Key questions about the rescheduling of the European Championships

Euro 2020 has been postponed for 12 months following the outbreak of coronavirus.

The decision to hold the tournament in 2021 was made at a UEFA executive committee meeting on Tuesday.

Here, the PA news agency answers some of the questions surrounding the situation.

What is Coronavirus?

Coronaviruses are a large family of viruses that cause illnesses ranging from the common cold to more severe diseases such as Severe Acute Respiratory Syndrome (Sars). The strain that has recently emerged has not been previously identified in humans. The respiratory disease it causes has been named Covid-19 by the World Health Organisation.

How has Coronavirus affected football?

The outbreak of the virus has seen a widespread suspension of leagues around the world as countries try to contain the spread. All of the major European leagues – the Premier League, Laliga, Bundesliga, Serie A, Ligue 1 and Eredivisie – have provisional resumption dates of early April, though it is actually expected to be much later.

When was Euro 2020 supposed to be taking place?

The 32-team European Championships were due to be taking place between 12 June and 12 July in countries all across the continent. Matches were due to be played in London, Baku, Munich, Rome, Saint Petersburg, Amsterdam, Bilbao, Bucharest, Budapest, Copenhagen, Dublin and Glasgow.

Wembley was due to host a large chunk of Euro 2020, including the semi-finals and final
Wembley was due to host a large chunk of Euro 2020, including the semi-finals and final

Why has it been postponed?

Given the current situation in Europe, with many countries in lockdown, UEFA say “the health of all those involved in the games is the priority as well as to avoid placing any unnecessary pressure on national public services involved in staging matches”. Putting the tournament back 12 months also allows time for the 2019-20 domestic competitions across Europe, and this season’s Champions League and Europa League, to be completed.

When will it be played now?

The tournament, played in the same format, will now be staged from 11 June to 11 July 2021.

What about the play-offs for the tournament?

The play-offs, which will see the final four teams qualify for the tournament, were due to be played in the international break set for next week. All UEFA games have now been postponed until further notice, so these games are provisionally due to be played in June, should the situation have eased.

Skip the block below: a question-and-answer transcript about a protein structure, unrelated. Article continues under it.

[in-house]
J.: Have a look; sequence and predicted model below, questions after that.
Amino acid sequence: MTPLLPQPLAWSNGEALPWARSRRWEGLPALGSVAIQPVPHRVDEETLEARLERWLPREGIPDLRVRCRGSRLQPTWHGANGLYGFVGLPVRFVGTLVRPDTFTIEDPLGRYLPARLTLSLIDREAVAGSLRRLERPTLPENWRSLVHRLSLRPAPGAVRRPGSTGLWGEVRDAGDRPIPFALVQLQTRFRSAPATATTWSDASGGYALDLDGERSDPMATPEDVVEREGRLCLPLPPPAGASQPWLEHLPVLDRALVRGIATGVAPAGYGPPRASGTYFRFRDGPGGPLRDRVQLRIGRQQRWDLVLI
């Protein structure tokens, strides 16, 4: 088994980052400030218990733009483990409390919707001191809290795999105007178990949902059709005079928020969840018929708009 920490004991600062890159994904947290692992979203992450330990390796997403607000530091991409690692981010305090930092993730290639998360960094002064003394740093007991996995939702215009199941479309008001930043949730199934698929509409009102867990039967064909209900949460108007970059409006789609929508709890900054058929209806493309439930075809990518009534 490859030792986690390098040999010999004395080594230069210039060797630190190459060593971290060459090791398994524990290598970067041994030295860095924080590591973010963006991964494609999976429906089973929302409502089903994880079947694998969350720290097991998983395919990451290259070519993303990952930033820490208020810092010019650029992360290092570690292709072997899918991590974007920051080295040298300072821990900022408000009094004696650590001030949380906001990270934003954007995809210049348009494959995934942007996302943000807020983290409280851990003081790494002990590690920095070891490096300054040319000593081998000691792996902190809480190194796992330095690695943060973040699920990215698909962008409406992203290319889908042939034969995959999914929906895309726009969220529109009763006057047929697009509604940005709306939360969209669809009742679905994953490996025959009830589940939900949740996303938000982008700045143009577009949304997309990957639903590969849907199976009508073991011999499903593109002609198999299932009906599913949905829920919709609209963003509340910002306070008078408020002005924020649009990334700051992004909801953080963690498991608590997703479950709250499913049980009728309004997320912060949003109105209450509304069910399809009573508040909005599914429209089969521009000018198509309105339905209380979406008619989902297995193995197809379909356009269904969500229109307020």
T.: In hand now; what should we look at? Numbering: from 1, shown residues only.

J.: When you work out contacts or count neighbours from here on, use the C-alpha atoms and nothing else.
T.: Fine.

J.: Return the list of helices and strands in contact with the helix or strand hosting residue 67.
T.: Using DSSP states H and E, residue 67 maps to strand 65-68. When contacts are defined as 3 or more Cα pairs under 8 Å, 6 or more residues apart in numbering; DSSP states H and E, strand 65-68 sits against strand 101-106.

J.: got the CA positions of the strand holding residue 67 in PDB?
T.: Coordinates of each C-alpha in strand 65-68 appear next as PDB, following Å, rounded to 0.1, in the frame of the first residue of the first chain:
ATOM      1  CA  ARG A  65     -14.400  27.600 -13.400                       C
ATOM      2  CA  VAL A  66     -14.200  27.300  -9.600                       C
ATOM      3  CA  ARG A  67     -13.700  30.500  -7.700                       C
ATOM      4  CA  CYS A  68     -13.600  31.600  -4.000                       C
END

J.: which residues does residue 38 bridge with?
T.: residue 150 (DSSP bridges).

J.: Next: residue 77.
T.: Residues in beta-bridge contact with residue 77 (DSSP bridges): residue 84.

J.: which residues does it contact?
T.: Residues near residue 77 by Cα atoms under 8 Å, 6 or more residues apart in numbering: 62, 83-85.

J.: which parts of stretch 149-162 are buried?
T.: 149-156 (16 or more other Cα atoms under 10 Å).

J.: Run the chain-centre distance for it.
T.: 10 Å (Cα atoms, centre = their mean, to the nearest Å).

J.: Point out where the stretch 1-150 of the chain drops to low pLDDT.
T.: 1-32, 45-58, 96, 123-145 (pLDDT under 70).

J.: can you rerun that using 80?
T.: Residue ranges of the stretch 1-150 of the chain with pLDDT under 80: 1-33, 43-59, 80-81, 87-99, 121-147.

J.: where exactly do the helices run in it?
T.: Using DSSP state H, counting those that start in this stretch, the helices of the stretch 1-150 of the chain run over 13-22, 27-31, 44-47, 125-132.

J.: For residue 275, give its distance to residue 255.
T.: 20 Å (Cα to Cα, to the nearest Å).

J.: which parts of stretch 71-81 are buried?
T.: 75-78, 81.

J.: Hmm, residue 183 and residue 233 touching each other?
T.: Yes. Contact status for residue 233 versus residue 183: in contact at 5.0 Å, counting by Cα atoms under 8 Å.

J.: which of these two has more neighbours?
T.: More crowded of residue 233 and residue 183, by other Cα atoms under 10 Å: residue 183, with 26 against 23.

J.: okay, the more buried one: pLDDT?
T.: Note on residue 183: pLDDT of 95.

Will the UEFA Women’s Euro 2021 be postponed as well?

The women’s European Championships were due to be held in England in the summer of 2021, starting four days before the men’s final will now take place. It looks entirely possible that it could be moved to the summer of 2022, but UEFA say a final decision will be taken on this and all of its other competitions in due course, including the Nations League, Under-21 European Championships, the Champions League and Europa League.

How did the meeting work?

The meeting was held via video conference, chaired at UEFA headquarters in Nyon, Switzerland. There were three different meetings, one with clubs and leagues, another with national associations and then an executive committee meeting.

What are the implications of the postponement?

UEFA say that moving the tournament “comes at a huge cost” and there are many factors to consider. The governing body is offering a full refund on all ticket purchases, new agreements will have to be made with the stadiums involved in hosting while commercial deals are also likely to be reviewed.

What happens next?

A “working group” has been set up by UEFA to help the leagues across Europe come up with practical solutions to help them finish their domestic campaign. The individual leagues will now meet to discuss the permutations and possibilities on how to do that. However, with the situation across the continent changing on a daily basis, it may well be several weeks until we know what will happen.